Gentlemen of note

Men's appetite for luxury is growing and the Paris autumn-winter shows were happy to provide, writes Georgina Safe.

Sydney's capricious weather is still shifting from soggy to sunny with infuriating changeability but on the international catwalks, the fashion forecast is decidedly clear: it's raining men.

When the Weather Girls recorded their hit in 1982, the global runways were dominated by womenswear.

But as retina-searing images of '80s fashion have faded, menswear has risen to prominence, fuelled in the past few years in particular by the birth of luxury menswear retailers such as Mr Porter and, in Australia, luxury men's department stores including Harrolds in Sydney and Melbourne.

As the Paris men's collections drew to a close following the men's shows in Milan, news came at the weekend that London is to receive its own dedicated showcase for menswear, rather than the single day of men's shows that is presently tacked onto the end of London Fashion Week.

Called London Collections: Men, the three-day event will run from June 15 to 17, just before the next men's collections in Milan and Paris.

Announced at an event co-hosted by the British Fashion Council and British GQ magazine in Paris, London Collections: Men will be an ongoing, twice-yearly event run by a committee headed by British GQ editor Dylan Jones that includes designers Tom Ford and Christopher Bailey and Mr Porter's editor-in-chief Jeremy Langmead, whose company is sponsoring it.

''Menswear has never been so important in this country and the extraordinary appetite for menswear can be seen at all levels, from the high street to Bond Street,'' Jones said in Paris.

''The men's day during London Fashion Week has grown and grown to such an extent that it is now too squeezed to remain one day.''

The growing importance of the menswear sector was also acknowledged during Paris Men's Fashion Week by Antoine Arnault, the 34-year-old heir to luxury conglomerate Louis Vuitton Moet Hennessy.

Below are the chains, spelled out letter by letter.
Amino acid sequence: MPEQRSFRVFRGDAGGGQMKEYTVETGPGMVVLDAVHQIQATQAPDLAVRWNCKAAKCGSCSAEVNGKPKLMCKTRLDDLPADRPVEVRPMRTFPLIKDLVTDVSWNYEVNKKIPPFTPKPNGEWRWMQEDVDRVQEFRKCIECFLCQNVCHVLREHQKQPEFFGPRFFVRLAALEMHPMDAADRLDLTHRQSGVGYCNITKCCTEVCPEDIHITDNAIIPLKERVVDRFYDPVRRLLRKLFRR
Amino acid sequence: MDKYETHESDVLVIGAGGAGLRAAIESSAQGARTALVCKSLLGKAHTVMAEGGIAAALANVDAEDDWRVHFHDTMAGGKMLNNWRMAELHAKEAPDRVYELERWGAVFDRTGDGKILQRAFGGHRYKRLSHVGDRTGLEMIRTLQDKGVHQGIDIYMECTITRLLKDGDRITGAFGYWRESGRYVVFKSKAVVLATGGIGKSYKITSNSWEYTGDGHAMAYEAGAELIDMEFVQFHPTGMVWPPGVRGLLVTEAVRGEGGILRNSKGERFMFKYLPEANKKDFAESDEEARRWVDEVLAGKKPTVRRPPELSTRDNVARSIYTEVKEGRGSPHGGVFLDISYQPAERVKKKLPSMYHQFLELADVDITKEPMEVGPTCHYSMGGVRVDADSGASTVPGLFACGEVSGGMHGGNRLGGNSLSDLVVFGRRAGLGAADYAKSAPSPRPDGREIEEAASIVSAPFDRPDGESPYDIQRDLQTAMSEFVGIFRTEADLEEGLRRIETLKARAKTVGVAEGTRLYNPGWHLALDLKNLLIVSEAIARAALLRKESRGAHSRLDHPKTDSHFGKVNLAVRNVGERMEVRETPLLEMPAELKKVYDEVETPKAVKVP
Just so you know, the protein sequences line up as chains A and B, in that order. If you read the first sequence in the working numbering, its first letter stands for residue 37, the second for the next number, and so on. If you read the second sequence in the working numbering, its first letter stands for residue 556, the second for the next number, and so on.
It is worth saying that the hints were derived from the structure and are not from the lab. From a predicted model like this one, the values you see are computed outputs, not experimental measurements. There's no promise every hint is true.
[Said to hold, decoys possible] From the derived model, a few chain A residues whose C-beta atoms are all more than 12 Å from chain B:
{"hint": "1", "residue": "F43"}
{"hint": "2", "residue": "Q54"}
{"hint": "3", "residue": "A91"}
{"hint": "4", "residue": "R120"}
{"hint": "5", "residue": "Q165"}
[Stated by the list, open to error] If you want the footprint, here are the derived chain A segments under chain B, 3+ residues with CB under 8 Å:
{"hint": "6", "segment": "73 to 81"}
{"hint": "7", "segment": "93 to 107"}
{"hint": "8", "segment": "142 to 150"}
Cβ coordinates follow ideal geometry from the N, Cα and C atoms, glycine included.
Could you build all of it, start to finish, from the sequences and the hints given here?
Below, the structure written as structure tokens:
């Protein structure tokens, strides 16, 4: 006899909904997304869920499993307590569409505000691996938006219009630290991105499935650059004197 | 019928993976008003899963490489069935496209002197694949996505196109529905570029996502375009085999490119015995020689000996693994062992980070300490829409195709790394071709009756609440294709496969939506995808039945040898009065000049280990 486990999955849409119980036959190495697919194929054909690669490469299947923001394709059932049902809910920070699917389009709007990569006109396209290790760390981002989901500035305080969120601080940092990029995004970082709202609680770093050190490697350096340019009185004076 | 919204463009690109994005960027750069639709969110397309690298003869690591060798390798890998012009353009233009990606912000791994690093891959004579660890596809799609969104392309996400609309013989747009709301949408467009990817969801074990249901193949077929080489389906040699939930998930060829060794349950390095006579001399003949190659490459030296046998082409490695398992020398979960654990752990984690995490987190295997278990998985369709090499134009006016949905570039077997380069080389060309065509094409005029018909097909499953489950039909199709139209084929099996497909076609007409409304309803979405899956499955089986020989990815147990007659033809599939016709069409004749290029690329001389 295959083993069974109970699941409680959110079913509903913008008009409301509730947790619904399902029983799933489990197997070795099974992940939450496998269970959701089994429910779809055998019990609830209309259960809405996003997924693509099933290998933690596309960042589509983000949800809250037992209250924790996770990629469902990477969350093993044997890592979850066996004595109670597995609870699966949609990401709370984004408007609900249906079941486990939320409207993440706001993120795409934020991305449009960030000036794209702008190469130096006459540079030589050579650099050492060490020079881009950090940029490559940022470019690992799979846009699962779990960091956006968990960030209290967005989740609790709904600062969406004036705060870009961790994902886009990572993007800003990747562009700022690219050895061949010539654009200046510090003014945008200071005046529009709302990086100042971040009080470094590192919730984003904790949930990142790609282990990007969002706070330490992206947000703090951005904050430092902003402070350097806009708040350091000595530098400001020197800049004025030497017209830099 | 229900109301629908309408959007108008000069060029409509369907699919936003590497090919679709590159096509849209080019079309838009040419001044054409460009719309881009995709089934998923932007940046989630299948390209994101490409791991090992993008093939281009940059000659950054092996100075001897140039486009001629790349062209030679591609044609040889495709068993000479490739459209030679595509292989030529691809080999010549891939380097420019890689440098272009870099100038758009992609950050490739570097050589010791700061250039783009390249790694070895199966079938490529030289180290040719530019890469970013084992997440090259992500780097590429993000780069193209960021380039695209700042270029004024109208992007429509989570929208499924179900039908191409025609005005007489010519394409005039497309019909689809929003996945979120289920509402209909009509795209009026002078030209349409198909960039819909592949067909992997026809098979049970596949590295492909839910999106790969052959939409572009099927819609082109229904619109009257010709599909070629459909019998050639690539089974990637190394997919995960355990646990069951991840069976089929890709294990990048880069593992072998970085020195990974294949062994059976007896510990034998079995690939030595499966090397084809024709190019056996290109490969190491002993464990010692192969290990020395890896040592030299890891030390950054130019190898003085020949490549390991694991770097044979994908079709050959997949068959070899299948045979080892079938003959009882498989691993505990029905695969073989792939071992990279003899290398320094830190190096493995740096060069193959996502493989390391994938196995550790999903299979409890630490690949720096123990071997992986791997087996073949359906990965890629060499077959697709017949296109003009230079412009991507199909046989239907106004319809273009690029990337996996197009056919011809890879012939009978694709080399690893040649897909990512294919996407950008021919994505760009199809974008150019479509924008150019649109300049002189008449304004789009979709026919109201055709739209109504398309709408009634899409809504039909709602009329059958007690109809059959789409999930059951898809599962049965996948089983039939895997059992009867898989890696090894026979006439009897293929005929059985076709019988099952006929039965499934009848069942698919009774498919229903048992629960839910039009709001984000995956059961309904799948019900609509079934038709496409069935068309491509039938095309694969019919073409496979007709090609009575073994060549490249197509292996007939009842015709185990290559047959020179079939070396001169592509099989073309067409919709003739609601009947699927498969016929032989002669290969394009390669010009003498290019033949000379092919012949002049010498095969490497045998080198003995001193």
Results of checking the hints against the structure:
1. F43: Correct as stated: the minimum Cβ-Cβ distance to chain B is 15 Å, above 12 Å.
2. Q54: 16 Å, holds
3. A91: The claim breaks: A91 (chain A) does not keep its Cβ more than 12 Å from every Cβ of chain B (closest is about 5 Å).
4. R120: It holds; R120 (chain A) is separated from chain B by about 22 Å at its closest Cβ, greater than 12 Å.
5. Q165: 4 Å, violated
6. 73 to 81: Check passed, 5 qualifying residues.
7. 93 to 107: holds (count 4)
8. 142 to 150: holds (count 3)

Despite worldwide financial turmoil, Arnault said the luxury sector was enjoying an ''anti-crisis'': between June and September last year LVMH reported sales of £4.9 billion ($7.2 billion), an 18 per cent increase.

He said the most surprising aspect of the luxury industry's 14 per cent boom in the face of broader economic gloom is that it is being driven by men, who are now spending £155 billion a year on luxury clothes and accessories for themselves, according to a new study.

''The only explanation is that people still want to please themselves,'' Arnault told London's Telegraph newspaper. ''Men seem to be a little bit more selfish these days and spend a bit more on themselves and a bit less on their [partners].''

Lashings of leather, slinky knits, bomber jackets and iPad cases were among the runway trends likely to make it into men's wardrobes next autumn, according to buyers at the menswear shows, which ended on Sunday.

Almost 10 days of shows in Milan and Paris ended with a rich-hued 1970s-inspired look from Lanvin and a sexy sailor line from Paul Smith.

Shawn Pean of the US luxury retailer Saks Fifth Avenue buys from half a dozen top Paris names - including Dior, Lanvin and Givenchy - and said he selected catwalk pieces based on ''our customers' needs, aesthetics and functionality''.